Handling files and packages on your cluster with Ray runtime environments

By Archit Kulkarni and Edward Oakes   

Ray makes scaling up to a cluster seamless. 

But how do you get your files onto the cluster, and make sure all the machines have right Python packages? And what if you need to run multiple jobs on the same cluster with different, possibly conflicting package dependencies? 

You could bake all your files and packages into a container image, but this comes with one major drawback when doing iterative development: it's slow. It can take several minutes to rebuild a container image, push it to the cluster, and then wait for your cluster to restart.

For rapid iterative development, Ray’s runtime environments feature provides a simple answer to all these questions. A runtime environment is specified in Python, and is most easily described with an example:

runtime_env = {
    "working_dir": "/code/my_project"
     "pip": ["pendulum", "requests==2.27.1"]
    "env_vars": {"TF_WARNINGS": "none"}

(Note: Ray provides a typed API for runtime_env as well.)  

Pass this into ray.init(runtime_env=…) when connecting to your cluster using Ray Client, or in a standalone JSON file when using Ray Job Submission, and this environment will be automatically installed on all nodes in the long-running Ray cluster, and used by all workers for that particular Ray job (note that multiple jobs with different runtime environments can be run concurrently!).  

Concretely, “installing a runtime environment” means:

  • The  working_dir directory on your laptop will be uploaded to all the cluster machines, and the Ray worker processes will be started in their node’s copy of that directory.

  • The environment variables specified by env_vars will be set for all the Ray workers.

  • The packages specified in the pip field will be installed into a virtualenv via pip install and will be importable by the Ray workers.

There are more runtime_env fields besides those mentioned above; these can be found in the API reference.

The workflow now looks like this: Update the runtime_env python object along with your other code updates, rerun your script, and repeat.  You don’t have to restart your Ray cluster, and you don’t have to rebuild any container image.


You can even specify different runtime environments per-task or per-actor by passing them into the @ray.remote decorator:

Class MyActor:
    # …

This is useful for applications that require running concurrent workloads with different, possibly conflicting package dependencies (for example, one workload that needs tensor flow 1 and another that needs tensor flow 2).

LinkCaching for speed

Files and packages, once downloaded or installed for the first time, are cached on the cluster for quick reuse. Thus, for example, if you simply want to change your pip requirements but don’t change anything in your working_dir, the working_dir won’t be reuploaded. And conversely, if you edit a file in your working_dir but don’t change your pip requirements, the working_dir will be re-uploaded but the Python packages won’t be reinstalled. If you ever start up more tasks and actors whose runtime environment needs any of these existing resources, those resources won’t be re-downloaded or re-installed.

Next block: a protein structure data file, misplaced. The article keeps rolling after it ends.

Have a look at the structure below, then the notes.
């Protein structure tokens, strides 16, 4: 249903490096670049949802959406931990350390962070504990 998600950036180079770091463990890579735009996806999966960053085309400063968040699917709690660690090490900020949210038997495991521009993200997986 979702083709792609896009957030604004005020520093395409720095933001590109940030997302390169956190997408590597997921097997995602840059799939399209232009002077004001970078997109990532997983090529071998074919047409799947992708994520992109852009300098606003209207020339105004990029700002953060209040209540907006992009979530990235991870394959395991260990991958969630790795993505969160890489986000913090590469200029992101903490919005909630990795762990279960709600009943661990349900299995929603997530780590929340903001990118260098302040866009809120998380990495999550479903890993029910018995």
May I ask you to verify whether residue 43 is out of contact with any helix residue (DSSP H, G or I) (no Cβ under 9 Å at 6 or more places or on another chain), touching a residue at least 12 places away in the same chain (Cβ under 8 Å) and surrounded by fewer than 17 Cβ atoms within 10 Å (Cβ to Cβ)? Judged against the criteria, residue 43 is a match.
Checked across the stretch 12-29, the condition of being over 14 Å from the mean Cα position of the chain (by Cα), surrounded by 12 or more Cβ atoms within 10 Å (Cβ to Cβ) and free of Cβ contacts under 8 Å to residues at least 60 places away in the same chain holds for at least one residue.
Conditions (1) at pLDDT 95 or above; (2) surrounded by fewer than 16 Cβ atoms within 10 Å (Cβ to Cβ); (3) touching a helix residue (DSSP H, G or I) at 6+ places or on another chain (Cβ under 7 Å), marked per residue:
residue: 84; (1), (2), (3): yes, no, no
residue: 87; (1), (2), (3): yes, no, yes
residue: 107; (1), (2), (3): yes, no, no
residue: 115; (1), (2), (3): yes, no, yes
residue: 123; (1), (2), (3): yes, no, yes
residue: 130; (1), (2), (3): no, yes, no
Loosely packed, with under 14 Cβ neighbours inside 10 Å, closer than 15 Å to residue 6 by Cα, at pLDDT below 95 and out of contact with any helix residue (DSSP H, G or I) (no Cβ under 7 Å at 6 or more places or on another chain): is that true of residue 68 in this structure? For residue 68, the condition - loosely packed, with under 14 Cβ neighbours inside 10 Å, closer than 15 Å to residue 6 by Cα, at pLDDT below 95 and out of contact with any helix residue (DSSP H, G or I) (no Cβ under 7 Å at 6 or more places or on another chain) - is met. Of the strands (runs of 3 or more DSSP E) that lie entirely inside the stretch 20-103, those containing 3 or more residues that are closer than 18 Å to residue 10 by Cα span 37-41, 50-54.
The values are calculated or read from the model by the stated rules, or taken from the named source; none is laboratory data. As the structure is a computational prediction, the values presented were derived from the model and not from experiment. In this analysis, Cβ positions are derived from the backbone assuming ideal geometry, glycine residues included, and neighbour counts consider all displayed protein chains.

The Raylet is a process that runs on each node in a Ray cluster. Also running on each node is a RuntimeEnvAgent process that handles all runtime environment installation and deletion. When a task is invoked or an actor is instantiated that needs a runtime environment, the Raylet sends a GetOrCreateRuntimeEnv gRPC request to the agent. The agent checks its cache to see which of the runtime_env fields have already been installed on the node, and installs whatever is missing. After the agent replies to the Raylet, the Raylet can schedule the task or actor.

When this actor or task exits, the underlying Ray worker exits and the Raylet issues a request to the agent to delete the runtime environment resources if possible. If the runtime environment isn’t referenced by any running tasks, actors, or jobs on the cluster, its local resources are marked unused, ready to be garbage collected whenever the cache size limit is exceeded.

The caching is achieved by using a reference counting mechanism to keep track of which Ray workers depend on which runtime_env resources (files and packages). The cache size limit is configurable. See the docs for more information.

LinkFuture work

Stay tuned for the following features, and please reach out to us on Slack if these features would be useful to you — we’d love to learn more about your use case!

  • Better support for specifying a Docker image to use in a runtime environment: If you already have container images ready to go, this feature would allow you to run jobs, tasks, and actors on a single cluster using your images — useful for heavyweight dependencies that you don’t want to install at runtime.

  • Cross-language support: Ray runtime environments can currently only be used with Python, but Ray Core supports Java as well. Here runtime environments would be able to specify JAR files and other Java-specific dependencies for your tasks and actors.

  • A plugin API to enable users to add new fields to runtime_env for customized setup, beyond the existing fields such as pip, conda, and working_dir: This would allow you to run a special setup hook for tasks and actors without having to maintain your own fork of Ray.

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